Doing Dewey’s Nonfiction Book Club – The Devil in the White City

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One of my favorite things about being part of this community is joining with other bloggers to participate in a challenge or read-along or some other sort of bookish project. I especially love read-alongs because they often expand my reading horizons and I get to answer discussion questions. I love discussion questions! This month over at Doing Dewey, we’re reading Erik Larson’s The Devil in the White City.

Have you read this or anything else by Erik Larson before? If so, how does this read compare to your first read through/his other books?

This is actually my first Erik Larson. I’ve heard a ton of great stuff about his other books, but I just haven’t gotten around to actually reading one, I suppose!

How do you feel about authors of narrative nonfiction filling in the blanks left by sources and/or speculating about emotions?

I think I’m okay with it. There are going to be gaps throughout history, but I think an author can look at the historical context and use psychology and common sense and research to speculate and fill in some of the gaps. I think that filling in those gaps presents a more complete picture and a more enjoyable narrative. I’m especially okay with it if the author addresses it up front and lets the reader know that some speculation will be involved. I also just think it’s a very human thing to do – we’re naturally empathetic and we often project or deduce emotions regarding others around us.

If there was another World Fair in Chicago next year, would you go?

Ah, maybe. I’m not as far along in the book as I should be (I’m doing audio!), but so far they’re only talking about the structural integrity of buildings and so forth, so I still don’t know what was actually there. But the premise is very cool, so yeah, I’d probably go.

Is it appropriate to treat reading about a real serial killer as entertainment? Is it any different than if this story were fictional?

Hard question. I think narrative nonfiction serves a purpose, in that it educates without being condescending or dry or irritating. As long as the narrative is appropriately sober, in that it doesn’t make light of the historical event, narrative nonfiction can be a great and appropriate teaching tool. And yes, I think it is different than if the story were fictional. You have a lot more leeway to insert humor and make light of a fictional narrative than a true one.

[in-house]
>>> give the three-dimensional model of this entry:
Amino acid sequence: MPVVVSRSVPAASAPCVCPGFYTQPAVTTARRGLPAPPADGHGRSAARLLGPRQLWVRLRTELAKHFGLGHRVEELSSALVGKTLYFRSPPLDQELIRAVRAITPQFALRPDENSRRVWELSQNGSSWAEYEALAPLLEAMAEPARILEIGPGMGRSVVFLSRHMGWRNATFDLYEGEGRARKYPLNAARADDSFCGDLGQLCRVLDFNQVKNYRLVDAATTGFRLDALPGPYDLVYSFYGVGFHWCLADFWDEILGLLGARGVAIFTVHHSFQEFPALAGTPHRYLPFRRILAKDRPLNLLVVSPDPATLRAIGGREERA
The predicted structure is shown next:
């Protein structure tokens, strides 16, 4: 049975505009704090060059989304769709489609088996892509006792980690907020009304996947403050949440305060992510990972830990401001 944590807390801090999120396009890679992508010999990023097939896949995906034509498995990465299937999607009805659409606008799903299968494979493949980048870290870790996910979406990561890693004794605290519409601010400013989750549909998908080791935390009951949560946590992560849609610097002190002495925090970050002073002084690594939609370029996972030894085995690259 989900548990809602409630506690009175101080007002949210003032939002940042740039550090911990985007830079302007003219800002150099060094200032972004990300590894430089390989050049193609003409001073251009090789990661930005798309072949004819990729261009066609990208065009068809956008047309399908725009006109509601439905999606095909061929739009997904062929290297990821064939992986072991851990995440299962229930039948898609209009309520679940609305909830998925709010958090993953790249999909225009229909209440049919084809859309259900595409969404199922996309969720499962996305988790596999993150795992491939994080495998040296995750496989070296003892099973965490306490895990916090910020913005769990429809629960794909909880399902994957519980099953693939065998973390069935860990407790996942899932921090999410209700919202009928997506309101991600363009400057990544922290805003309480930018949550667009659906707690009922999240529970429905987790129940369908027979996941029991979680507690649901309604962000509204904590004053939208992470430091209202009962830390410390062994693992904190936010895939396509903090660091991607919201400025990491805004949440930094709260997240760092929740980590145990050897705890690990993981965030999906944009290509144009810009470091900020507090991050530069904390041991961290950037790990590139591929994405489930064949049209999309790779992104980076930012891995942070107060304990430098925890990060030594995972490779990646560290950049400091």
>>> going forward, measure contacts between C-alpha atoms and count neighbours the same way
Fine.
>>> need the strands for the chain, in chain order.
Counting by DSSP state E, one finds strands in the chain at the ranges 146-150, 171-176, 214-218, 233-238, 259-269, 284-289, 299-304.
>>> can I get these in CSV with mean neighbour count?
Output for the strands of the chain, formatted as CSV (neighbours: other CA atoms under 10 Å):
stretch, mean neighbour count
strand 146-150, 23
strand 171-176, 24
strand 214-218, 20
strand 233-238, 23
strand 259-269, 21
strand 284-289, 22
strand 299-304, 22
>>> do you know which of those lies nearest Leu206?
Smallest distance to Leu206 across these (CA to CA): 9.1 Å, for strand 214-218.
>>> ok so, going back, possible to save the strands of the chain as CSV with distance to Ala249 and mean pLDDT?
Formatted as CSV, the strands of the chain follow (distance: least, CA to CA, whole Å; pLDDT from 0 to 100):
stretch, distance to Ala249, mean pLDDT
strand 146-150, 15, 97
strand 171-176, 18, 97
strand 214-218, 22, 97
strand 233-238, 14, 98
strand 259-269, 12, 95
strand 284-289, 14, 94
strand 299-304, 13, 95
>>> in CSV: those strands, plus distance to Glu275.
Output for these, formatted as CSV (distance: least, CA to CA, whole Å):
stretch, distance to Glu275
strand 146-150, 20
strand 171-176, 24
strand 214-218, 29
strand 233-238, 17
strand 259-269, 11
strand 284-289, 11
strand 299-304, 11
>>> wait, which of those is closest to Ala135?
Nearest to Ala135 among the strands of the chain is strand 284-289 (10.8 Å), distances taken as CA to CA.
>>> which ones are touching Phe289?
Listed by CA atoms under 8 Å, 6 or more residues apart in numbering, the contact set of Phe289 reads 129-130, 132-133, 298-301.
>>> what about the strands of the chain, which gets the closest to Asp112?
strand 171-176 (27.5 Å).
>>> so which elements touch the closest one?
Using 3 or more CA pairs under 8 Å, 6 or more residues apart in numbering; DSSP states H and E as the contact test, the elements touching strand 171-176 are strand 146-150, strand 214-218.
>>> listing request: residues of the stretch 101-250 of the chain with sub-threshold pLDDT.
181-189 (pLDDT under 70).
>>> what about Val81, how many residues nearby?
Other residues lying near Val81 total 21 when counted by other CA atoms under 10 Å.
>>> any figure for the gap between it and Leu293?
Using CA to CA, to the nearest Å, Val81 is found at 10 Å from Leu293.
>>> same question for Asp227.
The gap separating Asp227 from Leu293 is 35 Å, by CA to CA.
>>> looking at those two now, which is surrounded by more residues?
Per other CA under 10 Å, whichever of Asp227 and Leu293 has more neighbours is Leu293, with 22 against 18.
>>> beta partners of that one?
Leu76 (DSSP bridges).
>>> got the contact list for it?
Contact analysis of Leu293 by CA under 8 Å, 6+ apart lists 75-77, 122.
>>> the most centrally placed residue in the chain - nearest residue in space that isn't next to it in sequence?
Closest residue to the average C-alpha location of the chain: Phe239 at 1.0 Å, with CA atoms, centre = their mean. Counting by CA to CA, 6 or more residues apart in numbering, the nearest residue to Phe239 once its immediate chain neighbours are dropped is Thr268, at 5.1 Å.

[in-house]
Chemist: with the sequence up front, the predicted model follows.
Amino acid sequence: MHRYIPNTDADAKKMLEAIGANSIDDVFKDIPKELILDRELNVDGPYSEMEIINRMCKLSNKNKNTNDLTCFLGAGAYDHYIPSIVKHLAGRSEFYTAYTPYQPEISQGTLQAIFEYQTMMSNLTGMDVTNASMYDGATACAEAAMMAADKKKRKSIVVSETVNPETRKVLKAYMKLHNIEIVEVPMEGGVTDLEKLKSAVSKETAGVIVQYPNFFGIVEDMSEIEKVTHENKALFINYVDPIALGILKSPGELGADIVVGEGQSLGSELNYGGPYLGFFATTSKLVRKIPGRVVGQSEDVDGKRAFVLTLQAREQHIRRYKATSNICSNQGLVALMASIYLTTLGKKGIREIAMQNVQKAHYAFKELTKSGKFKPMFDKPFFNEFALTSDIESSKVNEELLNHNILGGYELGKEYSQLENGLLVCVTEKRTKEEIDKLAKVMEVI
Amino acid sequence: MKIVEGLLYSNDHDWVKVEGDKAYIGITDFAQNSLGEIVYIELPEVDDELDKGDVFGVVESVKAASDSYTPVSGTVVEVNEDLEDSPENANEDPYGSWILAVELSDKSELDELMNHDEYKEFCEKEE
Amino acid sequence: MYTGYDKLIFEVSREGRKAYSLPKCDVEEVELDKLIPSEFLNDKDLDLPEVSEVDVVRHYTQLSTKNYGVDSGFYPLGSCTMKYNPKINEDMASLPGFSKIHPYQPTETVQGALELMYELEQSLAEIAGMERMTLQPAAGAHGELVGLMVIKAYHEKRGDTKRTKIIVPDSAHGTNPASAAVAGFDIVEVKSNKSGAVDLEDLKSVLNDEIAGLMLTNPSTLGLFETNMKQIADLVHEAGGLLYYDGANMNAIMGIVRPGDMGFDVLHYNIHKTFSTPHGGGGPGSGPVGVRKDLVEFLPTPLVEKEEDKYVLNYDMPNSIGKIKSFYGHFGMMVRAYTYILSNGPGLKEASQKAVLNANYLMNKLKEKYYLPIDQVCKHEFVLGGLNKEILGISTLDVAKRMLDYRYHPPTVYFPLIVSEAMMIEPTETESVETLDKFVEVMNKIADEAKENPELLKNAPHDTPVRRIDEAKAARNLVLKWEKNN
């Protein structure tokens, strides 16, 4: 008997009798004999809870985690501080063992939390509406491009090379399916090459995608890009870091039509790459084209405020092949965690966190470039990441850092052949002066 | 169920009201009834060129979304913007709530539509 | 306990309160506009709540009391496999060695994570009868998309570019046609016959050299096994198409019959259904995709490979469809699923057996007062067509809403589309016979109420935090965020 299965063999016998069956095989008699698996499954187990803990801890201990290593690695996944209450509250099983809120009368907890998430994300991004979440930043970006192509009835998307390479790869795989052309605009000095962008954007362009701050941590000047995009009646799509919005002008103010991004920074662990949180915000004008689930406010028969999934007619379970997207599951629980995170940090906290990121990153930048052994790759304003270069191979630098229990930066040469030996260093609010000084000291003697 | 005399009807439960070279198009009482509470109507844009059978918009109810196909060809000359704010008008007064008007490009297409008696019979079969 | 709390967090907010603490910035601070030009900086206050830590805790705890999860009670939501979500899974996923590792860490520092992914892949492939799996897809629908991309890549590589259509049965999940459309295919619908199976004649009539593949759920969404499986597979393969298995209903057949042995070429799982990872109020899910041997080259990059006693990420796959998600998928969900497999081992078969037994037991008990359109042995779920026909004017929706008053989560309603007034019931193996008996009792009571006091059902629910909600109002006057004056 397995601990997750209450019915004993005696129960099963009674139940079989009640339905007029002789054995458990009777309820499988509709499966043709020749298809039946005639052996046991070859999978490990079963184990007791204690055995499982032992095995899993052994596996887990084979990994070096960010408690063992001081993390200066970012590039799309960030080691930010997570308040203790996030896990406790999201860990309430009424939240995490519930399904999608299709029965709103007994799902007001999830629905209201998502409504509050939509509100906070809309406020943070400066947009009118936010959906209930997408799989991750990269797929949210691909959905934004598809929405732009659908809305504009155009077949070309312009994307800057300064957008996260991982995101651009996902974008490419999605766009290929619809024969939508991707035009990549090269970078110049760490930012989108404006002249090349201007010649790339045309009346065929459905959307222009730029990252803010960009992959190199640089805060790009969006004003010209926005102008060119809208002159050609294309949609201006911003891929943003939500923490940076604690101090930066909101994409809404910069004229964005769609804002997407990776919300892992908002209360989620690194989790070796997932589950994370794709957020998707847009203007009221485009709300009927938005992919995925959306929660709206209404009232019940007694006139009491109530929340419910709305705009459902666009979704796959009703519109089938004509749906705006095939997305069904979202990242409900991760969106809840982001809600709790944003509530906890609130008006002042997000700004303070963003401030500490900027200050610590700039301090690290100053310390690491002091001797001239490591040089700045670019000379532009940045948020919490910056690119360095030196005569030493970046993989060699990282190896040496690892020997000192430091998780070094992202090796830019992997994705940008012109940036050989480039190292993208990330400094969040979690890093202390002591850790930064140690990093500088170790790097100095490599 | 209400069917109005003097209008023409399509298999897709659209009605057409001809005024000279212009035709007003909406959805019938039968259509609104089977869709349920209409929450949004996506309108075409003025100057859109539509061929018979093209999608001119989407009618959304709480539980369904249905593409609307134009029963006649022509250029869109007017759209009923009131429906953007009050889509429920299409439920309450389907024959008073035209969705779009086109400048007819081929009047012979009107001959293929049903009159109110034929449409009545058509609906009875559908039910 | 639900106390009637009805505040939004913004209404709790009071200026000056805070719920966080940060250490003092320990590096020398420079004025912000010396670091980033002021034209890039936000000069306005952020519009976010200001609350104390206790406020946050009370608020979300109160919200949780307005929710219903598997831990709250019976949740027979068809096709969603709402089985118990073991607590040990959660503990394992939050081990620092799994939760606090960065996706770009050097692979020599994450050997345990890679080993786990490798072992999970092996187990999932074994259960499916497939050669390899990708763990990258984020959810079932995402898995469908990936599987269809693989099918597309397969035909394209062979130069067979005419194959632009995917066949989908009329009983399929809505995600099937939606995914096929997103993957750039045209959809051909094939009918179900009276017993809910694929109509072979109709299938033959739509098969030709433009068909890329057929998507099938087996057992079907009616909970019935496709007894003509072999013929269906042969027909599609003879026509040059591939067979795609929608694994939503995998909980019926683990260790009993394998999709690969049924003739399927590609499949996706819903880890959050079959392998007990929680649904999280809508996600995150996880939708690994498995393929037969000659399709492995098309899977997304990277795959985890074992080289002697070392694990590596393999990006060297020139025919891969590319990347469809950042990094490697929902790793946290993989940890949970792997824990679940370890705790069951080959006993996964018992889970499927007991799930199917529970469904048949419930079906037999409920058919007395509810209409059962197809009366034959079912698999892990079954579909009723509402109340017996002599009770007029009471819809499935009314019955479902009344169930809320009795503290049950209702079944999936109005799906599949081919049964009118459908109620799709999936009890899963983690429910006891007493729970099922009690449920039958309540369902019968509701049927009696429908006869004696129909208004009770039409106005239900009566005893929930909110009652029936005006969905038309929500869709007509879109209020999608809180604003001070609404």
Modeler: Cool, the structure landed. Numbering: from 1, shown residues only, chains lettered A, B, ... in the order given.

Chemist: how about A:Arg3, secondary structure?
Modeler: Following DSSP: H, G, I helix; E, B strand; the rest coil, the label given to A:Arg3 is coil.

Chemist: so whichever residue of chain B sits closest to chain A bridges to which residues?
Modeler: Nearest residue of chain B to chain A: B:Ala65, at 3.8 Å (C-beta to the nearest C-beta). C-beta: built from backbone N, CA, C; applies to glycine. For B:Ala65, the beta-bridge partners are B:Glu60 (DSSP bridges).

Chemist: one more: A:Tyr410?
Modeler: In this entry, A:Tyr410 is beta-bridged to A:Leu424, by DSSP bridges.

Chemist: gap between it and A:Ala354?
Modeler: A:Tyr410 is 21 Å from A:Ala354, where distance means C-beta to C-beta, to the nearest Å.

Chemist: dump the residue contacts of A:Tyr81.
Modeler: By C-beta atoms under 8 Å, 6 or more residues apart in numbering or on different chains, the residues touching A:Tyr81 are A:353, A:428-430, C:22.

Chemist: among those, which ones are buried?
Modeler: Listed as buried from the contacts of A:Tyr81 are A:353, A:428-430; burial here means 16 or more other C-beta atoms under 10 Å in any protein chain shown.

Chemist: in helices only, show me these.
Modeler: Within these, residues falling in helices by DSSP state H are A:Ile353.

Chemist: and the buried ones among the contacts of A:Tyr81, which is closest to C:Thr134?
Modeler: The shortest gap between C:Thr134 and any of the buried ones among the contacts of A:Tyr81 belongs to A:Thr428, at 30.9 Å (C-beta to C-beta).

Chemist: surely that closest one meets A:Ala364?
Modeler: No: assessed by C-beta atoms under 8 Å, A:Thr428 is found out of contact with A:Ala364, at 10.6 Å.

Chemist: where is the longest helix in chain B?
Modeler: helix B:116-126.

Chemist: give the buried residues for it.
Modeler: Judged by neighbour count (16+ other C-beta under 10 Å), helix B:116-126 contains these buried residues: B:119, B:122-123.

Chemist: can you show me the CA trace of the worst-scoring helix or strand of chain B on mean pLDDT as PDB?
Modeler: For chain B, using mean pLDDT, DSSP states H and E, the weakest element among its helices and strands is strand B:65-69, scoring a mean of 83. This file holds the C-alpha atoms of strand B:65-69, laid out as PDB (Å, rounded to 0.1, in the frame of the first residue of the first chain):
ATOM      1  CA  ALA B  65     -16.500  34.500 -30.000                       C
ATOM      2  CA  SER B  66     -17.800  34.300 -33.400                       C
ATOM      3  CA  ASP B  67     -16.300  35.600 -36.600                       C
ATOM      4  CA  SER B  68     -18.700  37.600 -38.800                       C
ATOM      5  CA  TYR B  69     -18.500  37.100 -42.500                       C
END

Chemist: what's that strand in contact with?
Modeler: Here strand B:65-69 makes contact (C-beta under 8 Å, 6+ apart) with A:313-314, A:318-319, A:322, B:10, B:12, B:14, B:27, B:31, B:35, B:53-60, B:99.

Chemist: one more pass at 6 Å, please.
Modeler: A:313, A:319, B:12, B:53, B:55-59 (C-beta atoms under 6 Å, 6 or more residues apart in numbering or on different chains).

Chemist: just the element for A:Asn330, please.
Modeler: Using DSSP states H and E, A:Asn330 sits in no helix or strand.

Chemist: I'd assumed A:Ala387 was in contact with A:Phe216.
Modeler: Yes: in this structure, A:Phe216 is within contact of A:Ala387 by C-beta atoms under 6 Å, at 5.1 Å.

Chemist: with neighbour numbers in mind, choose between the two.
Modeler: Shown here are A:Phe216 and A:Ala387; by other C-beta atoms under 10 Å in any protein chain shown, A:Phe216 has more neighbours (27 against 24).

Have you been or would you like to be part of a group creative endeavour, such as that undertaken by the architects at the World Fair?

Not really, at least not that I can remember. I draw a bit, but that’s pretty solitary. And I tend to shy away from group projects by nature, as I’m an introvert. But if I could overcome that, it would be pretty cool to be part of something like that.

The Devil in the White City: Murder, Magic, and Madness at the Fair that Changed America

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3 responses to “Doing Dewey’s Nonfiction Book Club – The Devil in the White City

  1. I really like doing read-alongs with discussion questions too! This is my first Erik Larson too and so far, it’s living up to the hype for me.

    I’m also fine with an author filling in the blanks and I agree it makes a better story. I think Larson is doing a great job of that, but I’m not sure I think he’s been upfront enough about when he’s doing it.

    I think you make a great point about taking the appropriate tone for a serious story, especially when it’s nonfiction.

    How has this been as an audiobook? Is it well done?

    Like

    • It isn’t my favorite audio book ever. It’s a little bit hard to distinguish between different sections, and of course, the whole premise where actual historical quotes are in quotation marks doesn’t apply. It’s enjoyable enough though, I suppose. I would rather be reading it, truthfully, but I’m not going to regret the experience or anything.

      Liked by 1 person

  2. Pingback: It’s Monday! What Are You Reading? | Jancee's Reading Journal

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